It is my firm rule - I will never intermediate. I have had over 300 reunions in the past four years - more than 95% of them, when they follow my guidelines, are successful and happy. The very few rejections are being followed up on an individual basis. Of those, most have eventually consented to some type of contact or we have found other members of the family (siblings, grandparents, aunts, uncles, etc.) who are happy to share family information. And, finally, I am always ready to help adoptees do genealogy research to learn more about their family history, heritage and medical history.

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  3. I wish I'd seen this before I found my birth parents in November 2011. The initial contact with my birth father was bungled. I wish I'd had your script and made the call myself. I called my birth mother without your script, but with an idea of what to say and it went well.

    Robert Leopard

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  4. Thank you for this. Search Squad on facebook just helped me find my birth mother. I am trying to process all this and give myself time. I will follow your advice. I had thought I would write a letter, but maybe it will be harder to dismiss me if she hears my voice.

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    1. That's wonderful! Yes, the Search Squad on Facebook are doing wonderful things, solving lots of cases. I hope your contact/reunion is positive, welcoming and everything you wished for. Let me know if I can help.

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  5. Any recommendations of what to say in a letter to a birth sibling? Birth mother is deceased, and they may or may not know about the adoptee. Thanks!

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    1. In a phone call or letter, start off by identifying yourself and say, "I am researching the Johnson-Jones Family of Timbucktoo. I believe you are the son/daughter of Mary Sue Johnson whose maiden name was Jones? If so, I have very good evidence to indicate we are closely related...." Hopefully, this will pique their curiosity to hear you out and let you explain. If they need further proof, you can suggest a DNA test [see The Wonderful New World of DNA Family Matching] and recommend that they sign up with the adoption information registry for your state.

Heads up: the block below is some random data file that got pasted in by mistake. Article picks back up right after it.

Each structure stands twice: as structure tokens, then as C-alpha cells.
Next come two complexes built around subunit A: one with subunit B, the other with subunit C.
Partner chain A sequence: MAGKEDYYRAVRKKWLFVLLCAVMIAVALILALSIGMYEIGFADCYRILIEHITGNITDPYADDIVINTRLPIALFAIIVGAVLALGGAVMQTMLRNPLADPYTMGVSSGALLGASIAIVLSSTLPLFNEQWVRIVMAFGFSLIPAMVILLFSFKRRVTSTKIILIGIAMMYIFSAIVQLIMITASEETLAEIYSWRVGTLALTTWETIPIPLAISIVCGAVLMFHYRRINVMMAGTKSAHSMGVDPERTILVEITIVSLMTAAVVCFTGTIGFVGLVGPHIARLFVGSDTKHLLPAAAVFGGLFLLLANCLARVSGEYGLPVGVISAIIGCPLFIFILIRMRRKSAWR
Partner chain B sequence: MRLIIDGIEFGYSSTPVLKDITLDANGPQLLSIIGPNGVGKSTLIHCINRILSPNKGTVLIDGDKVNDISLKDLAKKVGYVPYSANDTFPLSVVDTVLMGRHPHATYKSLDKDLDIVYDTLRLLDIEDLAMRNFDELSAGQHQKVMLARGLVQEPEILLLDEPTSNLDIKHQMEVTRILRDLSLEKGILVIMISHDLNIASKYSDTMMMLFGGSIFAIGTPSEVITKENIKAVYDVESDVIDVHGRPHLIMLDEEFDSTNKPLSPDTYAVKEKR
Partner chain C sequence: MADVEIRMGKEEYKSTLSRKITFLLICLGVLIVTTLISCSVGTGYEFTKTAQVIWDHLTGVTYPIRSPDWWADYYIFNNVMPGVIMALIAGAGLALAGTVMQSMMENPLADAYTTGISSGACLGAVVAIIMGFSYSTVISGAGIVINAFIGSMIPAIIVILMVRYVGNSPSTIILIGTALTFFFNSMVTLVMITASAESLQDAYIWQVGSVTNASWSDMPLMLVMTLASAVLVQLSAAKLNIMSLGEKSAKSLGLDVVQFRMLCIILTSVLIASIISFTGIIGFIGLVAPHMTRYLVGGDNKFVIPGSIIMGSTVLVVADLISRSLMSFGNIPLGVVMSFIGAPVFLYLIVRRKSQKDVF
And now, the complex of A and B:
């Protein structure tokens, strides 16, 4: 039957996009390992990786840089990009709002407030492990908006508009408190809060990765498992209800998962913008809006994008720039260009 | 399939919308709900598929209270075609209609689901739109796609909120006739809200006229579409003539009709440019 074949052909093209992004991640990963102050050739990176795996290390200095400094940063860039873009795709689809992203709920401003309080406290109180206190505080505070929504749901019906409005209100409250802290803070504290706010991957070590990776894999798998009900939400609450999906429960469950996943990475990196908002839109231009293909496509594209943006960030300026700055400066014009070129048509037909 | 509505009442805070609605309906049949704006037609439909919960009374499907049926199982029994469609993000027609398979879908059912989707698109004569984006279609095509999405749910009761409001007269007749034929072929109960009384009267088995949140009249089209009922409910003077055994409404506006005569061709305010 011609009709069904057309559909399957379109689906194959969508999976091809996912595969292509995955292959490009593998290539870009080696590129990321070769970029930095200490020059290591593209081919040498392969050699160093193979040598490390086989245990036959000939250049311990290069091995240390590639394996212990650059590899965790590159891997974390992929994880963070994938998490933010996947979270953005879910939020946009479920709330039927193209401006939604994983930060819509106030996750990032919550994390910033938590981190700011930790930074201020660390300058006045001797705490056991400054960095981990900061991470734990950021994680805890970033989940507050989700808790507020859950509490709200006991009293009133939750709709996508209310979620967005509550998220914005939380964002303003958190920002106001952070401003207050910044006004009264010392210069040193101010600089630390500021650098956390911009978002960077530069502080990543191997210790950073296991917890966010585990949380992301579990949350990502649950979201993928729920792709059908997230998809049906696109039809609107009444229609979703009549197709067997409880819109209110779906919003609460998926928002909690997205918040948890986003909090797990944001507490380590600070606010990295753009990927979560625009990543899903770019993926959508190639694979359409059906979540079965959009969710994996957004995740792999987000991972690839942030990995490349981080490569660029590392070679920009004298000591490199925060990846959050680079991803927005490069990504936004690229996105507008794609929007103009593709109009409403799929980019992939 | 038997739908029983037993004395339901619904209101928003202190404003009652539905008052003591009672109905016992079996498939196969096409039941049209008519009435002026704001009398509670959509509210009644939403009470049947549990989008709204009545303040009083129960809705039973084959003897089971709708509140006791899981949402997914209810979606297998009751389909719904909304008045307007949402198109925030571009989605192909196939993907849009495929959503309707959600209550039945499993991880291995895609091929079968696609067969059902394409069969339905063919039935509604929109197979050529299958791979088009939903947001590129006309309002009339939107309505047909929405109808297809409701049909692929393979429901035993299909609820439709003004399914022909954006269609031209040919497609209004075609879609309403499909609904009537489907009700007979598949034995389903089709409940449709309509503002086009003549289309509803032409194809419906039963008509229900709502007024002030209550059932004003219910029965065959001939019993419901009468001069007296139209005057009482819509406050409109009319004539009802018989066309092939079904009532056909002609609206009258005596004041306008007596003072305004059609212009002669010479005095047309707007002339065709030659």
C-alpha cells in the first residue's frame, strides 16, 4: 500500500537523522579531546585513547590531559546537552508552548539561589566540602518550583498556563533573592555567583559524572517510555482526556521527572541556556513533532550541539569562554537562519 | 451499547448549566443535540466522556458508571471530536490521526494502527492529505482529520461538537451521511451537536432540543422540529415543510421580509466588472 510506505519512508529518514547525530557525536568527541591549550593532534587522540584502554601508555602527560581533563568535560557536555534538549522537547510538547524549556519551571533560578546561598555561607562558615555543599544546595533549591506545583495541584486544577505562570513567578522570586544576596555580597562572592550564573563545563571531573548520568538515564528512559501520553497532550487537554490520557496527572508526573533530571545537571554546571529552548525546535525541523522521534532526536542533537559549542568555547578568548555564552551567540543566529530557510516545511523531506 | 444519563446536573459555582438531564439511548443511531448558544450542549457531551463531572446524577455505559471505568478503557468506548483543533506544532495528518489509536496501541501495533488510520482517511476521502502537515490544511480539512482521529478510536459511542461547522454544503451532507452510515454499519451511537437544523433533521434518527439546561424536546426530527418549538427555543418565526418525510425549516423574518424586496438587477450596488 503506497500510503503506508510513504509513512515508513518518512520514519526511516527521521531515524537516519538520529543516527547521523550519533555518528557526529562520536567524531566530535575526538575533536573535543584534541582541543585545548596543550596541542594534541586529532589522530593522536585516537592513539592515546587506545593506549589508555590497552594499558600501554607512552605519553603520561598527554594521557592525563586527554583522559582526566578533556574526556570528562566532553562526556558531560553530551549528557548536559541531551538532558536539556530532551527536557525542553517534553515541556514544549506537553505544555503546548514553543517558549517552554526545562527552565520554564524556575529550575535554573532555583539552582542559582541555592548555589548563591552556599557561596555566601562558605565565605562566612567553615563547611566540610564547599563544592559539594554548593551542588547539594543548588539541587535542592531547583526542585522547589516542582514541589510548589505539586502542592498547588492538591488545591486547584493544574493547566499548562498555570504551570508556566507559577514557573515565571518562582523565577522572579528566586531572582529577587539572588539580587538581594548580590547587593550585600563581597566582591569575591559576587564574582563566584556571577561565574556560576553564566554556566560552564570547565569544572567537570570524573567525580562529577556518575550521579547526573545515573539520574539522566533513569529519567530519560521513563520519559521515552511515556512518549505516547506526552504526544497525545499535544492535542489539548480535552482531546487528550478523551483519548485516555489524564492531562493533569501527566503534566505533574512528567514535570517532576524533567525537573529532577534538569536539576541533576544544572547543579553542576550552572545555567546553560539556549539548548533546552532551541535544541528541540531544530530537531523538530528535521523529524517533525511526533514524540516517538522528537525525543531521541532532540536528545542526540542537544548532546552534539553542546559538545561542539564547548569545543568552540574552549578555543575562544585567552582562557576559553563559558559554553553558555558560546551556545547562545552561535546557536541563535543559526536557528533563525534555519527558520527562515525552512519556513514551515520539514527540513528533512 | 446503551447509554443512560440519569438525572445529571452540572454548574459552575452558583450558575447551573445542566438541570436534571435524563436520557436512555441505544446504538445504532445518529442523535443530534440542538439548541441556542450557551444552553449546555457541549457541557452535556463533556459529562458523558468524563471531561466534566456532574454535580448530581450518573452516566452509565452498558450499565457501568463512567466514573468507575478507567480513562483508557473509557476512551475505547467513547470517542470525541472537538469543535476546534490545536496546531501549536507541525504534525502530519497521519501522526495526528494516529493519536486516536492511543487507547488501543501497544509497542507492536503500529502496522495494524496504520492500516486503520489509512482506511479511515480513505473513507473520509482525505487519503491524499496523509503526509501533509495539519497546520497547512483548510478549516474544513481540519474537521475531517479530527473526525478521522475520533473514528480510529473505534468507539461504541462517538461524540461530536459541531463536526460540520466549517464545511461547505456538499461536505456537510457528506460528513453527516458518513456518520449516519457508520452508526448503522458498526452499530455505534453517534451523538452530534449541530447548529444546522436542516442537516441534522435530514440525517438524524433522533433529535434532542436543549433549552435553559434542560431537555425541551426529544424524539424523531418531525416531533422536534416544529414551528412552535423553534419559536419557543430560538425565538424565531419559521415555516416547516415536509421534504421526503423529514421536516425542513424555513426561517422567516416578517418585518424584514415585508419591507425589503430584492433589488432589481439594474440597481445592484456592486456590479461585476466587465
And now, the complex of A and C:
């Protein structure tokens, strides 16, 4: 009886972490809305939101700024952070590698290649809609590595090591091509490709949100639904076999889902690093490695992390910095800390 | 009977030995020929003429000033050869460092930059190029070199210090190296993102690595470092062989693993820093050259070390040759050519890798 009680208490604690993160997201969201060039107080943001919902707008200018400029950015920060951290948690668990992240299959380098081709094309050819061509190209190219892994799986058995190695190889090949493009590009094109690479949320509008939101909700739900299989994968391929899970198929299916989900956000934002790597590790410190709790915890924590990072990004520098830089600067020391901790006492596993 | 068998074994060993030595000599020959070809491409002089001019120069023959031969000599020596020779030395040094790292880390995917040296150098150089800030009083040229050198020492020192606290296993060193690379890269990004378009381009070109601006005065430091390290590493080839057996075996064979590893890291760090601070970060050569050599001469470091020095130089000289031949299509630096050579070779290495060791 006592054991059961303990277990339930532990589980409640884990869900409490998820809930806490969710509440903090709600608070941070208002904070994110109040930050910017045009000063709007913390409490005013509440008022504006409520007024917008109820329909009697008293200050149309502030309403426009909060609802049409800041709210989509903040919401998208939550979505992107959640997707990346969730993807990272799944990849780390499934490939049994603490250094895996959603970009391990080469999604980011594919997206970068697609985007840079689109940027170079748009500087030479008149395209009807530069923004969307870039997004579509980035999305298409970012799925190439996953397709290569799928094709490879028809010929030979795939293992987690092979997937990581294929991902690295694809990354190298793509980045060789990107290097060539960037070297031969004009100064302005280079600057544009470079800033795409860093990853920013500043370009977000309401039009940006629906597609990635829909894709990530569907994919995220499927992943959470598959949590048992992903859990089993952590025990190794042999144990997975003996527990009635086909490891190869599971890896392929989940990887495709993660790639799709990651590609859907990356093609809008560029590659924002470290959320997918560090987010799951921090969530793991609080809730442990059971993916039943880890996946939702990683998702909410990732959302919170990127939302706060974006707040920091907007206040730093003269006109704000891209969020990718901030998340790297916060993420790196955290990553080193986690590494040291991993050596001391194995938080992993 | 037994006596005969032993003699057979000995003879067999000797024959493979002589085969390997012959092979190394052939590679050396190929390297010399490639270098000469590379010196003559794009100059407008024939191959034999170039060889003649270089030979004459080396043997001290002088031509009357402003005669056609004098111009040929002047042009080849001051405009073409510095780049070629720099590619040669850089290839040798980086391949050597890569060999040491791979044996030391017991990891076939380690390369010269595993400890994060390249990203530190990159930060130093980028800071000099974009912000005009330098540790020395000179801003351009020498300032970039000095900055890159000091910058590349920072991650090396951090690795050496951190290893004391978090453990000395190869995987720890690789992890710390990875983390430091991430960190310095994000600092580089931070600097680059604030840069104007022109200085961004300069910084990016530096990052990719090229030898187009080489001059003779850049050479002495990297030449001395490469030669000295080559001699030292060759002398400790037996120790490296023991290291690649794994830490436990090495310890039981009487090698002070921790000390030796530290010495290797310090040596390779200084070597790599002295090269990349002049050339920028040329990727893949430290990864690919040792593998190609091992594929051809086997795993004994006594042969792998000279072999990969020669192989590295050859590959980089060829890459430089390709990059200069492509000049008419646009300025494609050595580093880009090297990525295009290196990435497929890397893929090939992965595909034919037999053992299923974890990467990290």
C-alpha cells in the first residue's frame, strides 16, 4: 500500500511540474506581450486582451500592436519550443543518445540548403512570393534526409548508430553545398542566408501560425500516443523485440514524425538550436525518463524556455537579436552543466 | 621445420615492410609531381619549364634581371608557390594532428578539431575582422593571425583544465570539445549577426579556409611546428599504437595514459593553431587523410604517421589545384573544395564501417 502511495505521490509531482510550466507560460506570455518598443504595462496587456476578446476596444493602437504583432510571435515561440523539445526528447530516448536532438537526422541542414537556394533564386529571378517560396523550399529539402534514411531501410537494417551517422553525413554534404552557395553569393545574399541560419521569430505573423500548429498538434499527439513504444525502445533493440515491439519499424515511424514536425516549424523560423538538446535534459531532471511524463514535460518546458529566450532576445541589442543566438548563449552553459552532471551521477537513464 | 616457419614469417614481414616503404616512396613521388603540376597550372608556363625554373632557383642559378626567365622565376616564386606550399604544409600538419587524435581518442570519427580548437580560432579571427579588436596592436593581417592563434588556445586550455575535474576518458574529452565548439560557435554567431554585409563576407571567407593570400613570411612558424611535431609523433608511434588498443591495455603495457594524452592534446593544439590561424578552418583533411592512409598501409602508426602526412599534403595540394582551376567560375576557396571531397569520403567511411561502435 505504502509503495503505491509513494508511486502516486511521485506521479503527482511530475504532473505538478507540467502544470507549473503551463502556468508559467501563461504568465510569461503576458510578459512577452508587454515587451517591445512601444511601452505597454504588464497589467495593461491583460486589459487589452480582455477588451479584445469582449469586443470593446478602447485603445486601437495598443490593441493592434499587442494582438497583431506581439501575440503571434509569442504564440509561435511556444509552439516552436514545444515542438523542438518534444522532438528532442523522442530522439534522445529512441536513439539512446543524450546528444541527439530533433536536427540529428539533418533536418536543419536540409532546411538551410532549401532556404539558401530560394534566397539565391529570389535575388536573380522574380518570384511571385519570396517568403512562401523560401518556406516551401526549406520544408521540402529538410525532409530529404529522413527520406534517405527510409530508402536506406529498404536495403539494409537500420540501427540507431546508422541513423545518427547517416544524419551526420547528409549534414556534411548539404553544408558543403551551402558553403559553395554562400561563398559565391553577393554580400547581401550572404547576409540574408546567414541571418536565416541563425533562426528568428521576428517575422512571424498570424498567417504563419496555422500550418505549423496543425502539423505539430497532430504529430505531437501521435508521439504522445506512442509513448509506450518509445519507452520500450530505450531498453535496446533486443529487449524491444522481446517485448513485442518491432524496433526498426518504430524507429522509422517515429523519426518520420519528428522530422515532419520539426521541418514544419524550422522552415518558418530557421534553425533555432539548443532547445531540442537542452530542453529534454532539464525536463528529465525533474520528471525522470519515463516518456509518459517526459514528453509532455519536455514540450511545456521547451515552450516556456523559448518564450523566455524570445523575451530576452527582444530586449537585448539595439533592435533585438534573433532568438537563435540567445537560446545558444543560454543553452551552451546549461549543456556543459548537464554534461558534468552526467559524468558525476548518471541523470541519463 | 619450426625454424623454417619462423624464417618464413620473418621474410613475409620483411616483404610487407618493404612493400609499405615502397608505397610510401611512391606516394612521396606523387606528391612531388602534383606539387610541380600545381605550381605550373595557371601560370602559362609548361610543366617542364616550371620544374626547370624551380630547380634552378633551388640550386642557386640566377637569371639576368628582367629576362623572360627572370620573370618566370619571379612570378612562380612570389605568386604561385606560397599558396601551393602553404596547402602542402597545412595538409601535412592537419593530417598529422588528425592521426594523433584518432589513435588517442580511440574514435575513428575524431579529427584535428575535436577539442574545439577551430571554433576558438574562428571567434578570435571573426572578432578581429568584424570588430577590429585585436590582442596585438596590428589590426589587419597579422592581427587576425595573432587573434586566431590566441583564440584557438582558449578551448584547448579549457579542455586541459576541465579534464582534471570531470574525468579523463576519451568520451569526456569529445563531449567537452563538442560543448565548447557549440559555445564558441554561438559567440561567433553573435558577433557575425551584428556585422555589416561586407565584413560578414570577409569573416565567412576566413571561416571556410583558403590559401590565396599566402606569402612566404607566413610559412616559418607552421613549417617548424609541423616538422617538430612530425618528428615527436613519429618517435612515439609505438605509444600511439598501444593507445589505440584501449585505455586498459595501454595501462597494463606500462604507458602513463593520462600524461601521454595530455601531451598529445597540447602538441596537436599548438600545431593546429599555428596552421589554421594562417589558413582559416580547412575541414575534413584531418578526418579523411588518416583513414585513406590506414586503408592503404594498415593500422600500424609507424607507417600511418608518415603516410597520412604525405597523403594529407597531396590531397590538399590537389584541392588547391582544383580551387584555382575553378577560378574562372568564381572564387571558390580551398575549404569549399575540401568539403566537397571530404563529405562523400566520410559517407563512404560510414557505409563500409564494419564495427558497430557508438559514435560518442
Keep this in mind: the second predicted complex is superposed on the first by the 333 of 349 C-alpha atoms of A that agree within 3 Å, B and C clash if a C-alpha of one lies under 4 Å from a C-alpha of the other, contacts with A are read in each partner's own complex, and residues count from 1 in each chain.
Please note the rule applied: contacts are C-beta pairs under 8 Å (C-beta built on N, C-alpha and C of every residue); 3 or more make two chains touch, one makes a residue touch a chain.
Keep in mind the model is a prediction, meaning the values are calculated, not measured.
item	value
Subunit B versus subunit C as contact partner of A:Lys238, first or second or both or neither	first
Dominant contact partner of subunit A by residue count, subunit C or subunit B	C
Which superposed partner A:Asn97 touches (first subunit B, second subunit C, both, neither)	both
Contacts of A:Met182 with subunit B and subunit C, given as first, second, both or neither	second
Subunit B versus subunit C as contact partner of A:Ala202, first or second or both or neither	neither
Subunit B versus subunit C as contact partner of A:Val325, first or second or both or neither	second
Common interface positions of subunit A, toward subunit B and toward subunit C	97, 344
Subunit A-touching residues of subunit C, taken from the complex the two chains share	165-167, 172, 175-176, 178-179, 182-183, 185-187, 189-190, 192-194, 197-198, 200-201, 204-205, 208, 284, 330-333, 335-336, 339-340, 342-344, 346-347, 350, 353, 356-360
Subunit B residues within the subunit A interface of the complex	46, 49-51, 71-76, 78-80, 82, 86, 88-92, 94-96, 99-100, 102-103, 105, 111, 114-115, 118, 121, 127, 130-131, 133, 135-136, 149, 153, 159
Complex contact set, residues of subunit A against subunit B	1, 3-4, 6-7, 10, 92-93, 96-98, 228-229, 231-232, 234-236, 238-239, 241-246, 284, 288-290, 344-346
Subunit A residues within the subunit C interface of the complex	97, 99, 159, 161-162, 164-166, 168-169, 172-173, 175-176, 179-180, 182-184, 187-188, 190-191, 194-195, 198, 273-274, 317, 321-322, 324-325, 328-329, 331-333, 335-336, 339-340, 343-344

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  6. My mother is the adopted child. She made contact through a 3rd party over 20 years ago. A letter was sent in response from the birth mother asking for no further contact, because she never told her husband and children. Since then, I have done a lot of genealogy research on my own. Her next oldest child passed away about 10 years ago and her husband died 8 months ago. I am hoping that since the loss of one of her children and now that her husband could never know, if she may now be open to contact. I actually talk with the birth mother's first cousin (made contact through ancestry.com)and she wonders if she should call in lieu of us. I think now after reading your advice that I should do it ( my mom doesn't feel comfortable calling). What is your advice about contacting the birth mother again?

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    1. Yes, I believe you should attempt to contact again, but it should not be done by a third party, preferably a private phone call from daughter to mother. What has she got to lose? And it may be the only chance she will have of hearing her mother’s voice. Mother may very well have been put off that a stranger was interfering in her personal life. My experience has been 50% failure rate when intermediaries make the first contact. That’s why I do not approve of intermediaries.

      If your mom is rejected again, then there are other things she can consider.
      http://www.womensvoicesmagazine.com/2015/03/01/what-to-do-and-not-do-when-faced-with-family-rejection-or-alienation/

      Let me know if mom would like to chat on the phone to prepare herself.

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  7. I'm an adoptive parent of a 14 year old how is seeking to make contact. I would like to support her in this process. We would rather reach out not instead of waiting until she is 18, do you have thoughts? I would like to make the contact in order to protect her, do you have thoughts on that? Thanks so much for your perspective